As a longtime professional contract negotiator,
and now-adult daughter of a profoundly impoverished, stigmatized single mom
and newfound public health student,
I’ve been thinking a lot about
the word “deaths.”
A few times daily, I check the L.A. Times for its updates on measurable local COVID-19 impacts. I then check The Guardian for its broader US coverage.
Each time I close these pages, the word “deaths” lingers with me. I’m disturbed by how passive and neutral is the phrasing compared to the reality, which is that
each and every one of those death unit-values represents a human life lost:
all the hugs those life-lost can never give,
the conversations they will never have,
the wounds they will never bandage,
the patients they will never heal,
the hands they will never hold
(all the things that could have been,
had each and every one
of their lives
As someone who’s spent her professional career reflecting at lengths on which word, precisely, captures what’s needed in a given situation,
I find myself compelled to mentally redline—that’s to say, delete and replace with more accurate phrasing—every single reference to “deaths.”
In place of “deaths,” I choose the words “lives extinguished.”
deaths didn’t occur lives weren’t extinguished because that’s just the way the world is;
these lives were extinguished because politicians and other powerful people took actions that, day after day, year after year, decade after decade, reflected their perception that some lives matter more than other lives.
The lives of those who can afford food and gasoline and trips to the hospital? Well, those are the lives politicians globally will be punished, in ways they can actually feel, for not saving …
Those other lives lost? If their live-rs didn’t donate to politicians,
were their lives ever really lived?
I read one of Paul Farmer, MD’s, books before I understood that public health is my calling.
I’m reading another one now, understanding his words much, much more deeply than I did before
(and that’s as someone whose poor single mom of four died needlessly, simply having met disposability criteria for most politicians).
In Infections and Inequalities, Farmer writes about the CDC’s dismissal of need to treat multidrug-resistant tuberculosis (MDRTB) in poor, rural locations globally:
When we contacted these organizations, however, we quickly learned that the Peruvian position had in fact come from them: it was not “cost-effective” to treat MDRTB in developing countries, went the argument. The number of resistant cases in Peru was too small to warrant individualized treatment regimens, said the experts; all energies must be directed to treating the far larger number of drug-susceptible cases.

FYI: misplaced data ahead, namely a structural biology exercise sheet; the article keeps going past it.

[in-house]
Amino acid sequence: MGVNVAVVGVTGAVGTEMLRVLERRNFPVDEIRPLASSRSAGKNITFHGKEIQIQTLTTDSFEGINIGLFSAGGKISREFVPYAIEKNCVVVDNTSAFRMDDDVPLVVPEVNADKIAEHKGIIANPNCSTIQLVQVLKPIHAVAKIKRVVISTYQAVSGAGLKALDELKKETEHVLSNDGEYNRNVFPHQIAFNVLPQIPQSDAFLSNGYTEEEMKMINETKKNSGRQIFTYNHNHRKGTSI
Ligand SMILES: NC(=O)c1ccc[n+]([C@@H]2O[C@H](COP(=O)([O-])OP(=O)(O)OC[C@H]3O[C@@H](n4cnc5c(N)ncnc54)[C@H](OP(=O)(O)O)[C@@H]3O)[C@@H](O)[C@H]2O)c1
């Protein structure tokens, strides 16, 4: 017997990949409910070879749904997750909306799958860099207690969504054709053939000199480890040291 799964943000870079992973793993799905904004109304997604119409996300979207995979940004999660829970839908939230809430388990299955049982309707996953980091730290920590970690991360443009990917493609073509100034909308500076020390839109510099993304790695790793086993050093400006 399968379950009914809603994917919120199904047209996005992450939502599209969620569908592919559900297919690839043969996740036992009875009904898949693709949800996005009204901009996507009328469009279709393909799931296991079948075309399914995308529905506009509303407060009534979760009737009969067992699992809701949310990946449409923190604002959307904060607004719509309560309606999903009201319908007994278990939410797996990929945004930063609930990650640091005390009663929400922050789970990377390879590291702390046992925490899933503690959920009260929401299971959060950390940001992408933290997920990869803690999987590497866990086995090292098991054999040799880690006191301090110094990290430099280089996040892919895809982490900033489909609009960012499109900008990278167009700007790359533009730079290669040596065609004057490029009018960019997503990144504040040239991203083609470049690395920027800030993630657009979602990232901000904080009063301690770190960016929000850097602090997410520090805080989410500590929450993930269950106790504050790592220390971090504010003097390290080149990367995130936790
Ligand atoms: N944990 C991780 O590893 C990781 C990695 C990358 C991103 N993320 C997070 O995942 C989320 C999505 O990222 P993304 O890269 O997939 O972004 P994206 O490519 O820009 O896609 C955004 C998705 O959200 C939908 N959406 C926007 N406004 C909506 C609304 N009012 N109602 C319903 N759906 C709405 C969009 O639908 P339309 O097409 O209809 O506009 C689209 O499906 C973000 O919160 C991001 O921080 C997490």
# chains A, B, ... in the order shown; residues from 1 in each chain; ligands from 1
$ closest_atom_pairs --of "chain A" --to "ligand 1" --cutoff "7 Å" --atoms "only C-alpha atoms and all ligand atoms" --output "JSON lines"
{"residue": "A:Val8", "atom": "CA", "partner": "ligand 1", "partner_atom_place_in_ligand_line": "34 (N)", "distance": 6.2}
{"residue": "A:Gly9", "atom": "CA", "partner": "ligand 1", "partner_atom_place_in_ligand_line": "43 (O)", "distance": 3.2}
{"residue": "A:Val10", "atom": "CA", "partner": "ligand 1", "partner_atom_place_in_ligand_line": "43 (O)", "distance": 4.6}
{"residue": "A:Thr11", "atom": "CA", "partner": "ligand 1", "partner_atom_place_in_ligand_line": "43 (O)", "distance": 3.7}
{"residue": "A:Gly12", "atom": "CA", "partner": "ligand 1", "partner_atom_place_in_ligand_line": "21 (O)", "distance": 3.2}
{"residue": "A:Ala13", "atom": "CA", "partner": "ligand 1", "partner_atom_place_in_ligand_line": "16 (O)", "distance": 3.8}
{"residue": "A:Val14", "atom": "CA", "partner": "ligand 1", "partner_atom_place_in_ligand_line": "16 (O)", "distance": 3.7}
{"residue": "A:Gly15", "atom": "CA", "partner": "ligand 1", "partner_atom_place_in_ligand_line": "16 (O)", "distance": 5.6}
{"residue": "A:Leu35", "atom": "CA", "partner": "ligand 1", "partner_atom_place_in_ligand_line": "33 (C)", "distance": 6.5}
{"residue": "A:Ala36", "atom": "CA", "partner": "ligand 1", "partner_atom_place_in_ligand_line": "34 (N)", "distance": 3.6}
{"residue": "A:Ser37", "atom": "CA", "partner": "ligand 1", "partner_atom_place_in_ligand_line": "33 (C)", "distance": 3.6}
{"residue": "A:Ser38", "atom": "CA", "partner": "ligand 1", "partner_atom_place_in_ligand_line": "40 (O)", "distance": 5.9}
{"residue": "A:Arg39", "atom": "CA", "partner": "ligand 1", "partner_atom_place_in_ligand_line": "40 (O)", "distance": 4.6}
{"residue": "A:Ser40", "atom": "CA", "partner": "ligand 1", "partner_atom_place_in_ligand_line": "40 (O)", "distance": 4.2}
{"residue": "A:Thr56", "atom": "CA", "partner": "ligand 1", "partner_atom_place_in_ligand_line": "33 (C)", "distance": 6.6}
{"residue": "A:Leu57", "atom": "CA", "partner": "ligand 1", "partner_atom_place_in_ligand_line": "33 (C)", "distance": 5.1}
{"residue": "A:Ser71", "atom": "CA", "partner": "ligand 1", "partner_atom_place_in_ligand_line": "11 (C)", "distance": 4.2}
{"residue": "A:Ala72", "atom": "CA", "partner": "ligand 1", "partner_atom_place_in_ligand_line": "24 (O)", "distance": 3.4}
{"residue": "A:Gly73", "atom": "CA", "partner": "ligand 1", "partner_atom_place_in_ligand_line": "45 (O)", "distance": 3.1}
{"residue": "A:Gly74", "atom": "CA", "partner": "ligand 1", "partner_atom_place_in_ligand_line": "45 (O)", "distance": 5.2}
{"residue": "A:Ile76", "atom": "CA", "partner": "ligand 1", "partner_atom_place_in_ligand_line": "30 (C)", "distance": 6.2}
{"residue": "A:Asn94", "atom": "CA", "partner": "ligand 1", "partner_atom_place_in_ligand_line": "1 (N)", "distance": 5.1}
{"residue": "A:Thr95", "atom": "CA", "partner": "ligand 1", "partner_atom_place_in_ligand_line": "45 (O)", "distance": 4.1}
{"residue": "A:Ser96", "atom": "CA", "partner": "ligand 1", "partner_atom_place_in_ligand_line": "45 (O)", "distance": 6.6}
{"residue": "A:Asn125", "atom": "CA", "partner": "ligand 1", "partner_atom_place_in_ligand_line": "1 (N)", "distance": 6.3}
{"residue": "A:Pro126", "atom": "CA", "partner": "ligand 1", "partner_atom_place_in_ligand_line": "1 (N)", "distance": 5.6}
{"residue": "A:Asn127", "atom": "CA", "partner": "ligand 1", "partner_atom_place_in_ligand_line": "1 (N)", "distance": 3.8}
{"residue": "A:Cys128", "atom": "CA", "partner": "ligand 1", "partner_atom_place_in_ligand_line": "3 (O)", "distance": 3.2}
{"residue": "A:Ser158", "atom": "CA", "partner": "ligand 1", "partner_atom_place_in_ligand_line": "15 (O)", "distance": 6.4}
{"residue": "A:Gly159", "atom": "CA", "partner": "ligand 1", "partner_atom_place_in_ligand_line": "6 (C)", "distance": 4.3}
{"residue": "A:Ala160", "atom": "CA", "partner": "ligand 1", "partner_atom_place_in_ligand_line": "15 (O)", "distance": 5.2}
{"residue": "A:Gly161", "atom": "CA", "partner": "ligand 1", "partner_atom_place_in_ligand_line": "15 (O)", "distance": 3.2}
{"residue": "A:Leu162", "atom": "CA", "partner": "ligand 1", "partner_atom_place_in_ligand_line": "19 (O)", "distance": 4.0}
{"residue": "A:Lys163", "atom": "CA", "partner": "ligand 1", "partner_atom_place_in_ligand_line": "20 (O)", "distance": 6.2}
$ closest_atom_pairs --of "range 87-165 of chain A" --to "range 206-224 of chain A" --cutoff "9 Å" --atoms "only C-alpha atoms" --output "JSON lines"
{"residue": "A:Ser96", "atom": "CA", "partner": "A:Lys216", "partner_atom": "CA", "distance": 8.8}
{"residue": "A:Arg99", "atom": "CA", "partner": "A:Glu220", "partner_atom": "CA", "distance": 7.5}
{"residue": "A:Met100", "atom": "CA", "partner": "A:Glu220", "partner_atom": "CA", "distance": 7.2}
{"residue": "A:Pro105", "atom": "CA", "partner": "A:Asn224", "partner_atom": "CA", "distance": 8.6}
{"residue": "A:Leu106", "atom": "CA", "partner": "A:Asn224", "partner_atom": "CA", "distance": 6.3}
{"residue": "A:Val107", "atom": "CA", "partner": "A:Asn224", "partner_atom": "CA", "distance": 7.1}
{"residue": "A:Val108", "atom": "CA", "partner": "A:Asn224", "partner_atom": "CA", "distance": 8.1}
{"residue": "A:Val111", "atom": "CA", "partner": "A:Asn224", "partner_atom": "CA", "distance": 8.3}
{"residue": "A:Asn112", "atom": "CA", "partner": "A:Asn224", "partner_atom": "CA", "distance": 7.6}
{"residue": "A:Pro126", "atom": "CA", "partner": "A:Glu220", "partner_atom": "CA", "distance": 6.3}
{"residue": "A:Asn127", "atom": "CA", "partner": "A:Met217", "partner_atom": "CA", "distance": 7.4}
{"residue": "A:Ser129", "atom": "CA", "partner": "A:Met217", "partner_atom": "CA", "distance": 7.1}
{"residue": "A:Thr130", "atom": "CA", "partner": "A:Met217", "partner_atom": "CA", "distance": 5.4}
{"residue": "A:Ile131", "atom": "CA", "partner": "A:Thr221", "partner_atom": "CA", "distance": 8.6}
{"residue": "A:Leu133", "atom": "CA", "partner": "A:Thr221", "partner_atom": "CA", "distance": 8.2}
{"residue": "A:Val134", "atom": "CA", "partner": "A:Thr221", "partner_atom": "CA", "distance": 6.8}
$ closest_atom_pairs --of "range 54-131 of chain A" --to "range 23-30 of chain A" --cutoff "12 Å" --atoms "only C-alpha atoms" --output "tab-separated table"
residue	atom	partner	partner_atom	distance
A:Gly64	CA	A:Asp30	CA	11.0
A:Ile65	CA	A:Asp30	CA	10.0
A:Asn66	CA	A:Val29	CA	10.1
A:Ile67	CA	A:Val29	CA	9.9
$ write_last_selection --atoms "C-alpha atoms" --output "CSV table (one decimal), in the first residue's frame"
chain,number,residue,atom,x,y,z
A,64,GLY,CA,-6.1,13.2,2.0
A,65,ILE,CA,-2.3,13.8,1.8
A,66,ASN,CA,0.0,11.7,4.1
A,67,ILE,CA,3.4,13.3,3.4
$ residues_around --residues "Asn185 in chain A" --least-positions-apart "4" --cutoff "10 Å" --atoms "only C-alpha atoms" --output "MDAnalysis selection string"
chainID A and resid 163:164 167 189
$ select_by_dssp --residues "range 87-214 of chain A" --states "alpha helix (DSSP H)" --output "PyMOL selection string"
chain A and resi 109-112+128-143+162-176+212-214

Even those rural lives whose tuberculosis it was not deemed “cost-effective” to treat came into contact with others,
who came in contact with others, who then
came in contact with still others,
including “others” in the U.S.
But when only some lives are deemed (politically) worth saving right now, worth expending resources on right now,
it feels so, so very distant that the lives of some U.S. citizens will someday be lost to these failures to act sooner.
Of course, even those lives will typically belong to those who lived with the least:
So, again, to which political powers does it really matter?
Today (and yesterday, and all the many days before),
COVID-19 politically powerful people worldwide passively contributed to the deaths of participated in extinguishing thousands of lives globally because they did not consider those “others’” lives worth the costs of saving.
More by the page, I find I no longer generally believe in neutral “deaths,” when medics and public health experts have been–for decades–sounding the alarms about the devastating life-toll of inequality.
I believe that lives
and bandaged wounds,
and healed patients,
and held hands) are being
not passively lost, and why?
Because some lives,
granted louder voices and longer reaches
due to very particular global political histories and structures,
are not interested in any cost-benefit analyses where moral costs count—
in analyses where the greatest cost of all is any life
Today, I don’t mourn “deaths.”
I mourn each and every life extinguished by failure to act timely;
I mourn each and every beautiful
that life that was extinguished with